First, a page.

Leong Ko

Résumé Les panneaux publics se réfèrent à un type de panneaux installés dans des lieux publics pour attirer l'attention des lecteurs sur certaines informations. Ils constituent un genre particulier sur le plan de l'utilisation de la langue, des fonctions communicatives et des caractéristiques culturelles. La traduction des panneaux publics du chinois en anglais présente un certain nombre de difficultés particulières. Cet article se concentre sur des problèmes liés à une perte d'information et à un changement d'effet appellatif dans la traduction des panneaux publics cbinois, basés sur des exemples réels recueillis en Chine continentale, à Taiwan et Hong Kong. Il examine les problèmes de traduction des panneaux publics chinois et anglais et présente un certain nombre d'études de cas, suivies par une analyse détaillée des raisons possibles de ces problèmes. Ces raisons incluent des différences linguistiques, une utilisation inappropriée des panneaux publics anglais existants, une compréhension inadéquate de la culture et des pratiques dans les pays anglophones, un lectorat cible mal défini et les qualifications et l'expérience des traducteurs. Il faut encore chercher des solutions satisfaisantes à ces problèmes. Une solution possible proposée dans l'article consiste à modifier le processus de conception des panneaux publics bilingues. Lorsqu'un panneau est destiné à être bilingue, il faut envisager dès le départ sa traduction anglaise appropriée. Cependant, cette stratégie pourrait compromettre les particularités des panneaux publics dans la langue concernée. L'article conclut en demandant d'intensifier la recherche dans ce domaine. Mots clés : traduction des panneaux publics - panneau bilingue - perte d'information - effet appellatif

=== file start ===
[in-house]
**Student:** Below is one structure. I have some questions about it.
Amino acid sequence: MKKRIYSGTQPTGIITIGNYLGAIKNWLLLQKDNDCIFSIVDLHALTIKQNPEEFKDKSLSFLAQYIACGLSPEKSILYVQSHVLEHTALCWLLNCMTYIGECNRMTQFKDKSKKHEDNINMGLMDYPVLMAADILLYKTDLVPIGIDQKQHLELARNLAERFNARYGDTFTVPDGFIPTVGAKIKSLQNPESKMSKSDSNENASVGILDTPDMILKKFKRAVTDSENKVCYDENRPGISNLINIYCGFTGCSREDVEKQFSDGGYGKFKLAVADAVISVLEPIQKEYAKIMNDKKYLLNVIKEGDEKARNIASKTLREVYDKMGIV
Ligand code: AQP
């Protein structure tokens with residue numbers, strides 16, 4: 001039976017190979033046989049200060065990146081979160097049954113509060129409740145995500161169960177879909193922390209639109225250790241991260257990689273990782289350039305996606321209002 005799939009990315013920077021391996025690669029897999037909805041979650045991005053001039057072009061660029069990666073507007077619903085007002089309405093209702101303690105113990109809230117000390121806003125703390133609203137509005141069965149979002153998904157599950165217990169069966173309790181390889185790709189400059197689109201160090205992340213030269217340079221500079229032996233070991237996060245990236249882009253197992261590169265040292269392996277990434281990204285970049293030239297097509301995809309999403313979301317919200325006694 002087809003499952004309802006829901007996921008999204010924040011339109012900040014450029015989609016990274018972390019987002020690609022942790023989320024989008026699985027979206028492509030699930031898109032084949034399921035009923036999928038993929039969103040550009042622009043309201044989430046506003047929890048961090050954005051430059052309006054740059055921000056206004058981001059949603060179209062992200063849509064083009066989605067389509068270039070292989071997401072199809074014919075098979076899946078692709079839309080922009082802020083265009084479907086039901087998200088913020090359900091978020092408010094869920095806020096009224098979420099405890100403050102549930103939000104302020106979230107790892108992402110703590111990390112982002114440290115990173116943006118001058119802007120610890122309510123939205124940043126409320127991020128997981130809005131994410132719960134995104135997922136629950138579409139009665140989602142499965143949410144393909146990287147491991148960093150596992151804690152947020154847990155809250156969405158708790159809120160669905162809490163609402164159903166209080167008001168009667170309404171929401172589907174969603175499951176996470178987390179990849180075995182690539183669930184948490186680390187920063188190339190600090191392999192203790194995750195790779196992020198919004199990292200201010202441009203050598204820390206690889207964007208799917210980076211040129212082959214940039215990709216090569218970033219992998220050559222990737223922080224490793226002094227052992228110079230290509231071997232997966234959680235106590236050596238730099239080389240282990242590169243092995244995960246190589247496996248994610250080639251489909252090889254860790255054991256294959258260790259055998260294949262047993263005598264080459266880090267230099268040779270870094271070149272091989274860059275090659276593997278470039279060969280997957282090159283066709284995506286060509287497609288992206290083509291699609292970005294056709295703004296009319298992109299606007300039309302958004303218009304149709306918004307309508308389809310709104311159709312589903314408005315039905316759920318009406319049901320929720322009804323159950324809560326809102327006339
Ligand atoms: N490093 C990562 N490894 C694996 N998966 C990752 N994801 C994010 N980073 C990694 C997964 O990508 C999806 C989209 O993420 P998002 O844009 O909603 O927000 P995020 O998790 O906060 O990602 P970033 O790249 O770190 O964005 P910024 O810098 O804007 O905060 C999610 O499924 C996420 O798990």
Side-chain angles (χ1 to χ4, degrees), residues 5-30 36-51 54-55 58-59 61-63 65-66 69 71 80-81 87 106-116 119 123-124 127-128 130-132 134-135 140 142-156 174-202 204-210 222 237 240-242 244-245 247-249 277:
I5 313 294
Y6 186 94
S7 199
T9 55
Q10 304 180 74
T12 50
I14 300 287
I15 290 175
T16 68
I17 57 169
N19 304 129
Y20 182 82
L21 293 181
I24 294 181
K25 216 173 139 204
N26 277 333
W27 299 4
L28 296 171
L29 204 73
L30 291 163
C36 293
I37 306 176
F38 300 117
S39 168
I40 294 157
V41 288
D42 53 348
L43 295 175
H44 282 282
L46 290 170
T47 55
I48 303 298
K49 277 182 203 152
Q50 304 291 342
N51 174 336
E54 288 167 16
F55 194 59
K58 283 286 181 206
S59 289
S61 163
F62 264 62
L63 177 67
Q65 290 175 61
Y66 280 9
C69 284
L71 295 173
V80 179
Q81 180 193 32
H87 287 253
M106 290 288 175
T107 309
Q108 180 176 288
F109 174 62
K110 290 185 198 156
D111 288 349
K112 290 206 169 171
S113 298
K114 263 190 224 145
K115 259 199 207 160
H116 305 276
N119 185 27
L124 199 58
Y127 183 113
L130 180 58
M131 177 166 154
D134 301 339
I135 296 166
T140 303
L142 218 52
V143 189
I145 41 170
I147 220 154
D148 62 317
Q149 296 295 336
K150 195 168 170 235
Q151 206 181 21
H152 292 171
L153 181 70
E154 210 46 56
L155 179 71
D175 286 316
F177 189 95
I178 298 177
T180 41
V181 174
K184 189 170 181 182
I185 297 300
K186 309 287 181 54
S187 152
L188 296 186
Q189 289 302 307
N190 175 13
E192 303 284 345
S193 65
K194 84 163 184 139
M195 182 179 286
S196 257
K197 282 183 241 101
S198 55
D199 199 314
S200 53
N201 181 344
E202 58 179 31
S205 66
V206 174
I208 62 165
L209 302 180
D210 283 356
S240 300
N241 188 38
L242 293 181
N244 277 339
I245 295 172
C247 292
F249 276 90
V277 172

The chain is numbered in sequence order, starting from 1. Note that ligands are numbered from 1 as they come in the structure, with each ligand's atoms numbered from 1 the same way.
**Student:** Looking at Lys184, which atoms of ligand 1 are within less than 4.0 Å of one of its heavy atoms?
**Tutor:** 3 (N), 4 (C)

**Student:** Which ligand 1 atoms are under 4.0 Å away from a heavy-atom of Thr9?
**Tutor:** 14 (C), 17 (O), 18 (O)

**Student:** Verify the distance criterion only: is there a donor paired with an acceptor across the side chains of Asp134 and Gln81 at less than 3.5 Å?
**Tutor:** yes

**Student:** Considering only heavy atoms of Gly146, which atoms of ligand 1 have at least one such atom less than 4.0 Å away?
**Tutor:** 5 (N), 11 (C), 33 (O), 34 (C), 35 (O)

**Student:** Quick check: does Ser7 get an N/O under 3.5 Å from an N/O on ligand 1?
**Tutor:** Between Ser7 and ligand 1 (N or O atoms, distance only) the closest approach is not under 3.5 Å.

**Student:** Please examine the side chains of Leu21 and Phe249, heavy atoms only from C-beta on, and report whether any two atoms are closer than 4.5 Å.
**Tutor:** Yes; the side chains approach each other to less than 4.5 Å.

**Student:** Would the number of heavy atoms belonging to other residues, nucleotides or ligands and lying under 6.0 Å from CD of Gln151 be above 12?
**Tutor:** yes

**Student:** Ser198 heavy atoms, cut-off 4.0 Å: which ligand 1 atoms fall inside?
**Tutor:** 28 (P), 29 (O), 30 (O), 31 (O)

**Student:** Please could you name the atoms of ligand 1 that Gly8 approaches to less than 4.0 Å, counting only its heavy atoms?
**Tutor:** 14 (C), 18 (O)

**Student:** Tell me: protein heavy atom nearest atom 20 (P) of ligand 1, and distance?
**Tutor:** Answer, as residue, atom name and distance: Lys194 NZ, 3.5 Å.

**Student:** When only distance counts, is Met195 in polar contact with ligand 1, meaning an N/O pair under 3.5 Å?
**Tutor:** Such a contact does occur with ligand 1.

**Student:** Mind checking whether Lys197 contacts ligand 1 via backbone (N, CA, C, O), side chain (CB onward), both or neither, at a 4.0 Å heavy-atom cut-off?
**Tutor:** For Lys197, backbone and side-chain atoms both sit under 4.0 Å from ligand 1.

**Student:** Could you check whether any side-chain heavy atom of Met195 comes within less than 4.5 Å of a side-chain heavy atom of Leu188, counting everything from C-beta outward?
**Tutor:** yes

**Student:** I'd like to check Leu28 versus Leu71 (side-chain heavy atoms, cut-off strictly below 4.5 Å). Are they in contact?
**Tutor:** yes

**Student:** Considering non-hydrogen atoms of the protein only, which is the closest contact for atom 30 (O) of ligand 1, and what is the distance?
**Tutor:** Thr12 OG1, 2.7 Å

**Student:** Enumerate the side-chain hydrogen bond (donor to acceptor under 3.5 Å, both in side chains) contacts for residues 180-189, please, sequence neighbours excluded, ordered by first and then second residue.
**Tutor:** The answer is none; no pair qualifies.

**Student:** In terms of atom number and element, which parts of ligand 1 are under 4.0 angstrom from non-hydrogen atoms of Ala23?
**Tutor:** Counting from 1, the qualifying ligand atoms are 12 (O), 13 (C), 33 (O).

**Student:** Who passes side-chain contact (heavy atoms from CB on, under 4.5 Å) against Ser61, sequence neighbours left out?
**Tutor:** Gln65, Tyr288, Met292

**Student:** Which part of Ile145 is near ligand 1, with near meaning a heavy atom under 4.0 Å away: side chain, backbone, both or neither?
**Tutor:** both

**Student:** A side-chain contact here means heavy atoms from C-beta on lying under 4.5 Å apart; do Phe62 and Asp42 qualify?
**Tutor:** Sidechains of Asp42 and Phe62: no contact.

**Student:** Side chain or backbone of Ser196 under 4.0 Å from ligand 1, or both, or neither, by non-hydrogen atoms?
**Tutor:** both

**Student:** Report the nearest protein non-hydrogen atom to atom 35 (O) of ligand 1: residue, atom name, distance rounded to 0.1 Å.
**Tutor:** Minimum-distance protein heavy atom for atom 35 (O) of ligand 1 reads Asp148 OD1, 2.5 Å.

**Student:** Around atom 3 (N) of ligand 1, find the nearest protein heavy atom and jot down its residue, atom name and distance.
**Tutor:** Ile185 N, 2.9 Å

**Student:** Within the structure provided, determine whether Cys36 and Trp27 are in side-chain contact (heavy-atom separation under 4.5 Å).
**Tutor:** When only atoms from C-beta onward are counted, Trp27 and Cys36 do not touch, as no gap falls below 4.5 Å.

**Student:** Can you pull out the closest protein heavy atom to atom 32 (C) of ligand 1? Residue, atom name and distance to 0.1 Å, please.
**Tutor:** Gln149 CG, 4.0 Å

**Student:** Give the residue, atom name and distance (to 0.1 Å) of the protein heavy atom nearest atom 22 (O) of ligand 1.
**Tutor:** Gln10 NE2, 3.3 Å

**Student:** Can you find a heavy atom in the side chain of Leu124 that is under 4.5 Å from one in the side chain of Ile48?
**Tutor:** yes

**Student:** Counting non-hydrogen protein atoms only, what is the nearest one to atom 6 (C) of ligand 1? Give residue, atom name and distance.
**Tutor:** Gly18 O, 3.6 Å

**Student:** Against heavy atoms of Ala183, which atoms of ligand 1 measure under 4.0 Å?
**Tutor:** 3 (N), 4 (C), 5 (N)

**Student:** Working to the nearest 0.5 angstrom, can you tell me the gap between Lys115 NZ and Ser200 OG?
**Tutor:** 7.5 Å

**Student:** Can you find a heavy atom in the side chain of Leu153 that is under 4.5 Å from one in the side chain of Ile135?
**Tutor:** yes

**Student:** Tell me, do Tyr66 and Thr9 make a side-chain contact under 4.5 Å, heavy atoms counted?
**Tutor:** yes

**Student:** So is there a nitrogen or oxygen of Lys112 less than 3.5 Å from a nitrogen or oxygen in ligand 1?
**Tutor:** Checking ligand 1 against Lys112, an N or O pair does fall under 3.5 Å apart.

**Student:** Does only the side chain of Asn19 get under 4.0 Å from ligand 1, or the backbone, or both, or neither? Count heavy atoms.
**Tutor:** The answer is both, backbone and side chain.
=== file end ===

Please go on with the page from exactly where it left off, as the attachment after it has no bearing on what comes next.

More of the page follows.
About the author Leong Ko is Senior Lecturer of Translation and Interpreting in the University of Queensland, Australia. He holds a PhD in translation and interpreting studies. He is also a freelance translator and interpreter. His research interests include translation and interpreting studies, translation and interpreting pedagogies, and distance education. Address: School of Languages and Comparative Cultural Studies, The University of Queensland, Brisbane, QLD, Australia 4072 E-mail: [email protected]

CHINESE ACADEMY OF SCIENCES 100864 Add: 52 Sanlihe Rd., Beijing, China 100864